Home > In Action > Projects > Emergency Centre for Transboundary Animal Disease (ECTAD) - Viet Nam > News > Detail
Emergency Centre for Transboundary Animal Disease (ECTAD) - Viet Nam

Rabies: Zero by 2030


Bac Giang City– Toward “Rabies: Zero by 2030” is the message made by the Ministry of Agriculture and Rural Development (MARD), Ministry of Health (MOH), Food and Agriculture Organization of the United Nations (FAO), World Health Organization (WHO) and other One Health partners on the occasion of the World Rabies Day event in Bac Giang, 27 September. Both the animal and human health sector stand united to promote rabies elimination to policy makers, animal and public health professionals, dog owners and the general public.

The common goal of zero human deaths from canine rabies by 2030 was endorsed by international organizations, research agencies, private sector and government representatives from 70 countries, including Viet Nam, at the global conference on rabies elimination in 2015.

Viet Nam’s World Rabies Day celebration highlights dog vaccination as the best evidence-based strategy to stop rabies transmission to humans.


“In order to achieve zero human rabies by 2030, the government of Viet Nam needs to take stronger action, especially in dog population management, dog vaccination coverage and timely provision of treatment for bite victims. FAO and WHO commit to provide our technical assistance to support MARD and MOH” expressed by FAO Representative to Viet Nam, Mr JongHa Bae, and WHO Representative to Viet Nam, Dr Kidong Park jointly.

So far this year, 57 people in 29 provinces and cities have died of rabies. This is equal to the number of human deaths in only 22 provinces in mid-September last year. The Viet Nam government must now respond to the challenge of rabies spreading to more provinces nationwide.

“Rabies elimination in humans by 2030 is feasible, provided that at least 70% of all dogs are vaccinated and people who get bitten seek urgent vaccine and medical attention. We would like urge local authorities at all levels to work closely with the public and the animal health sector, to provide your stronger leadership and sufficient resources to control rabies” said by Dr Pham Van Dong, Director of Animal Health Department and Dr. Tran Dac Phu, Director of General Department of Preventive Medicine.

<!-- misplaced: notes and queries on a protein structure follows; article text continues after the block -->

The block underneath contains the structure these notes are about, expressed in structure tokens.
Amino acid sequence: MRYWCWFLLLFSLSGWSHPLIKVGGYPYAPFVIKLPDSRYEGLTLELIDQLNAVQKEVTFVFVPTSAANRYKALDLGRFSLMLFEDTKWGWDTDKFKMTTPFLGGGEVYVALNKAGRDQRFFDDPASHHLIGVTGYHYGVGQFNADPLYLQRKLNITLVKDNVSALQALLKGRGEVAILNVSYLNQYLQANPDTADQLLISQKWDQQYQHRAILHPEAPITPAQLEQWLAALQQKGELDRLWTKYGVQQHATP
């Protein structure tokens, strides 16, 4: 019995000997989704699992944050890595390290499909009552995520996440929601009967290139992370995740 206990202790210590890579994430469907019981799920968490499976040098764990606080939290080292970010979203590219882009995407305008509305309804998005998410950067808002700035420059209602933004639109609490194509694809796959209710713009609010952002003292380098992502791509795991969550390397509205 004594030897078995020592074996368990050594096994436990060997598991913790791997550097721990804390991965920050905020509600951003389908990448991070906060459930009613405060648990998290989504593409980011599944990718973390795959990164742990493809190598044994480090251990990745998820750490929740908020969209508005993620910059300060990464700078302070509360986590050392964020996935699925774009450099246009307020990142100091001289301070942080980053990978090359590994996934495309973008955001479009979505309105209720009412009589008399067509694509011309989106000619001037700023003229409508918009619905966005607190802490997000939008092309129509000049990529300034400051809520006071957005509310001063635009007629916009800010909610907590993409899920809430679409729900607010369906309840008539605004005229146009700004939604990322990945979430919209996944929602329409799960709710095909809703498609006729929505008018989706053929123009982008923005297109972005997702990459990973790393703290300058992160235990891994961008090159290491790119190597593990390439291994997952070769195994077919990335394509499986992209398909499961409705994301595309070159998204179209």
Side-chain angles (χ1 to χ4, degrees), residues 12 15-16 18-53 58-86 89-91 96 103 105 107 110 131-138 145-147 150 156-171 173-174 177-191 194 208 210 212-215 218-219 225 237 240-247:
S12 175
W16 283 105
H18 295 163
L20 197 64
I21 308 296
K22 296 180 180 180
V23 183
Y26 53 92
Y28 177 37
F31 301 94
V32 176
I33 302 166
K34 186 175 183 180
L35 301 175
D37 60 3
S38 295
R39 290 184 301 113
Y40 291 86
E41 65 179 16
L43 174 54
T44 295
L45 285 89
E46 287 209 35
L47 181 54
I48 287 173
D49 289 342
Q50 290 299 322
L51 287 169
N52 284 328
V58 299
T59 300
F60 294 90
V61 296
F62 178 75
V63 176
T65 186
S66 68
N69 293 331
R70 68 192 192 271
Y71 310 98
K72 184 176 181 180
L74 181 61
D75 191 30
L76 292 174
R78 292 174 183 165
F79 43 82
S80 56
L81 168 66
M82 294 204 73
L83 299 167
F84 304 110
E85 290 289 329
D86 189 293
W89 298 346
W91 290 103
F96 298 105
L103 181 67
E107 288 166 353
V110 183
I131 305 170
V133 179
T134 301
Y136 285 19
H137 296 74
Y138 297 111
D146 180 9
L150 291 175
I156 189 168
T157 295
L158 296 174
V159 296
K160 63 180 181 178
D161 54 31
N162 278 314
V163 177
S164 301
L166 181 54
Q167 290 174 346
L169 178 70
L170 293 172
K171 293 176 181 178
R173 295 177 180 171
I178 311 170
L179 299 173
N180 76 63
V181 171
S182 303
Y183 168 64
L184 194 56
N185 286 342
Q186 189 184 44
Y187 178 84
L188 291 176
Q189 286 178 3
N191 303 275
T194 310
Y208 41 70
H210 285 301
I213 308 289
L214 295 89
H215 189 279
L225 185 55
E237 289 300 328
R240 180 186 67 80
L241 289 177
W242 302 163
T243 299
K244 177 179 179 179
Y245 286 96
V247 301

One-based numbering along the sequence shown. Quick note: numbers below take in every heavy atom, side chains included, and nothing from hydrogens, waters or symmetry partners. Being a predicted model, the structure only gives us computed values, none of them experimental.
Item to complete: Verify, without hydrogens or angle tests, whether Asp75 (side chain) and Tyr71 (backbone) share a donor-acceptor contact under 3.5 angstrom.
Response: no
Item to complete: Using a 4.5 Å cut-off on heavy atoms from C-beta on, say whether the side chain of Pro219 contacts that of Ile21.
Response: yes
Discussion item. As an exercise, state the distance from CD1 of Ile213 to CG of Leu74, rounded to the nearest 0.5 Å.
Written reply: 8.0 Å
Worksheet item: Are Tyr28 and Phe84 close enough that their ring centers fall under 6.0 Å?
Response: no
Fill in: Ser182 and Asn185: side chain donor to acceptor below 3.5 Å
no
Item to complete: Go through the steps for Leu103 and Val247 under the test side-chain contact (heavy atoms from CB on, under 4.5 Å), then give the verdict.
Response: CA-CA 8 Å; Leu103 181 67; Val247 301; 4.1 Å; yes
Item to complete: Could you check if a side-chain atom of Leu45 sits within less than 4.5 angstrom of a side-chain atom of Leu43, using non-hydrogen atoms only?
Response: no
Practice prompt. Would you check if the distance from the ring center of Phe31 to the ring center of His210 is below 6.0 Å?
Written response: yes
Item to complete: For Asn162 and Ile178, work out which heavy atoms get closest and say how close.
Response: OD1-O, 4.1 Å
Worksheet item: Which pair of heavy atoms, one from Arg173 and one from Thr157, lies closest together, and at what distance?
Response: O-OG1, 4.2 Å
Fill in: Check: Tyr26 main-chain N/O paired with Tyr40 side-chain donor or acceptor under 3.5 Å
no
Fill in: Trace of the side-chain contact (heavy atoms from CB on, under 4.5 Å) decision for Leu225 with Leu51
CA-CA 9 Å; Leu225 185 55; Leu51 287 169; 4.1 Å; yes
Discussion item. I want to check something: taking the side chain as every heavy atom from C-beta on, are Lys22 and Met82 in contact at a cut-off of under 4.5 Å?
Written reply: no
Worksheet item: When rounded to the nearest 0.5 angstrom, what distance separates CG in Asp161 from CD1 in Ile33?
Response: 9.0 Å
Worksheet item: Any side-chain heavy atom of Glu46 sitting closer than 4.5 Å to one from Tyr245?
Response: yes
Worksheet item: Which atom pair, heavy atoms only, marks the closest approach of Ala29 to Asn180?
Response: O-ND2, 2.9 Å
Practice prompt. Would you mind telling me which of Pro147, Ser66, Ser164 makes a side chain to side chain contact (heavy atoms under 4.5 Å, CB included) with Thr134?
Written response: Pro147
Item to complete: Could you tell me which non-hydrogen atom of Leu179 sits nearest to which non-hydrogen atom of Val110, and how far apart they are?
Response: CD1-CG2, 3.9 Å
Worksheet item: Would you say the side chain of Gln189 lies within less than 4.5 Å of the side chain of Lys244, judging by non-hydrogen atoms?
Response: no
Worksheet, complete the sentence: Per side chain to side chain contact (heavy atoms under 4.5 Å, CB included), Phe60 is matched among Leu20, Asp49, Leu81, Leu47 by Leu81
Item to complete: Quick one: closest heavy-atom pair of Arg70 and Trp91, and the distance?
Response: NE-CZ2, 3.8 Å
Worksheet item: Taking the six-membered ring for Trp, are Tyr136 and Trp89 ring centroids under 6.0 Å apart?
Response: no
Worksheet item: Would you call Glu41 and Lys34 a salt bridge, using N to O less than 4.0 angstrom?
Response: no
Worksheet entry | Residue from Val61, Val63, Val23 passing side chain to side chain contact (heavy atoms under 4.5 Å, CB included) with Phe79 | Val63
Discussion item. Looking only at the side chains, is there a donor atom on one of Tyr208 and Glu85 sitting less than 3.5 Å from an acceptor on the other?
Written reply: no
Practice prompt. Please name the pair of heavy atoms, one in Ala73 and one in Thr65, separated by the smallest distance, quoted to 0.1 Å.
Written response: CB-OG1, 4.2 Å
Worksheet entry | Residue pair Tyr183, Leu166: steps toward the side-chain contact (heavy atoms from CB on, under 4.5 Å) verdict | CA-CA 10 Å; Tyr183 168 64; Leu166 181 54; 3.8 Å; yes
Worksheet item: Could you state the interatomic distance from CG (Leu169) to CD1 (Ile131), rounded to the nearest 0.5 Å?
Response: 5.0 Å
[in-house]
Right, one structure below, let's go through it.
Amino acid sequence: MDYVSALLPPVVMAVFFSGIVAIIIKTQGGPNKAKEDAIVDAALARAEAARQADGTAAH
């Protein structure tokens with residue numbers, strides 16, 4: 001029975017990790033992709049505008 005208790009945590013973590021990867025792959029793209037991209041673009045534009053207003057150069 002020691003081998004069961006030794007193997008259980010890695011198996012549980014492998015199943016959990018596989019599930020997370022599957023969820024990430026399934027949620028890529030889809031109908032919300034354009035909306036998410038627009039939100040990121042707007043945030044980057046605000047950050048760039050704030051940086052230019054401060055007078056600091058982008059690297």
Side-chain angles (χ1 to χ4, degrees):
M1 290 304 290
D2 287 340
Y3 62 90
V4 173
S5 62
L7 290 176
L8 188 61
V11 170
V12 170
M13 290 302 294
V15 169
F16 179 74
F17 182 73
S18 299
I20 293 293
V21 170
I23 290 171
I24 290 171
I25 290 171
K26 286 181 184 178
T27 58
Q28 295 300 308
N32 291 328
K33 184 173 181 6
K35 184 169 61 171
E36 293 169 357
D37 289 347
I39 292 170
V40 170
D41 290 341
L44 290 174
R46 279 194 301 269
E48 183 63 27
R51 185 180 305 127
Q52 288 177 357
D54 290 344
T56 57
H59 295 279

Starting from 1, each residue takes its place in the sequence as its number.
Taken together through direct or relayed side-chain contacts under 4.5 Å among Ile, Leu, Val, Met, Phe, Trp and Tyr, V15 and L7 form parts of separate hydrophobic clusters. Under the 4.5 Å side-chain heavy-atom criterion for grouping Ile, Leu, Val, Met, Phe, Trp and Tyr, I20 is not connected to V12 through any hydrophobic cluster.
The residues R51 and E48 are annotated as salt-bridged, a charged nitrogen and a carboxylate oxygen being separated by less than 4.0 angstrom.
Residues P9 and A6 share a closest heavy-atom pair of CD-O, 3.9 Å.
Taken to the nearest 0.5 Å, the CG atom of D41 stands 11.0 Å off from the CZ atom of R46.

Worldwide rabies causes an estimated 59.000 deaths every year. These deaths could be prevented through three key measures of vaccinating dogs, avoiding dog bites and seeking medical care from an authorized professional after getting bitten by a dog.

There is no cure for rabies once symptoms develop, and rabies victims invariably die a slow, painful death. However, swiftly provided post-bite treatment can help avoid deaths and human suffering.

For more information, please contact:

Department of Animal Health, Ministry of Agriculture and Rural Development

Dr Chu Duc Huy

Expert, Epidemiology Division

Tel: 84-24-38685104

E-mail: chuduchuy@gmail.com


General Department of Preventive Medicine, Ministry of Health
Ms Nguyen Thi Huong

Expert, Epidemiology Division

Tel: 84-24- 38456255
E-mail: huongfetp@gmail.com


Secretariat of Human rabies control program

National Institute of Hygiene and Epidemiology

Ms Nguyen Thi Thanh Huong

Tel: 84-24-39712719

E-mail: phongchongbenhdai@gmail.com


Food and Agriculture Organization of the United Nations (FAO) 
Ms Nguyen Thuy Hang 
One Health Advocacy and Communications Coordinator

Tel: 84-24- 38501829
Email: Hang.nguyenthuy@fao.org


World Health Organization (WHO)

Ms Tran Thi Loan 

Communications Assistant
Tel: 84-24-38500100 
Email: wpvnmedia@who.int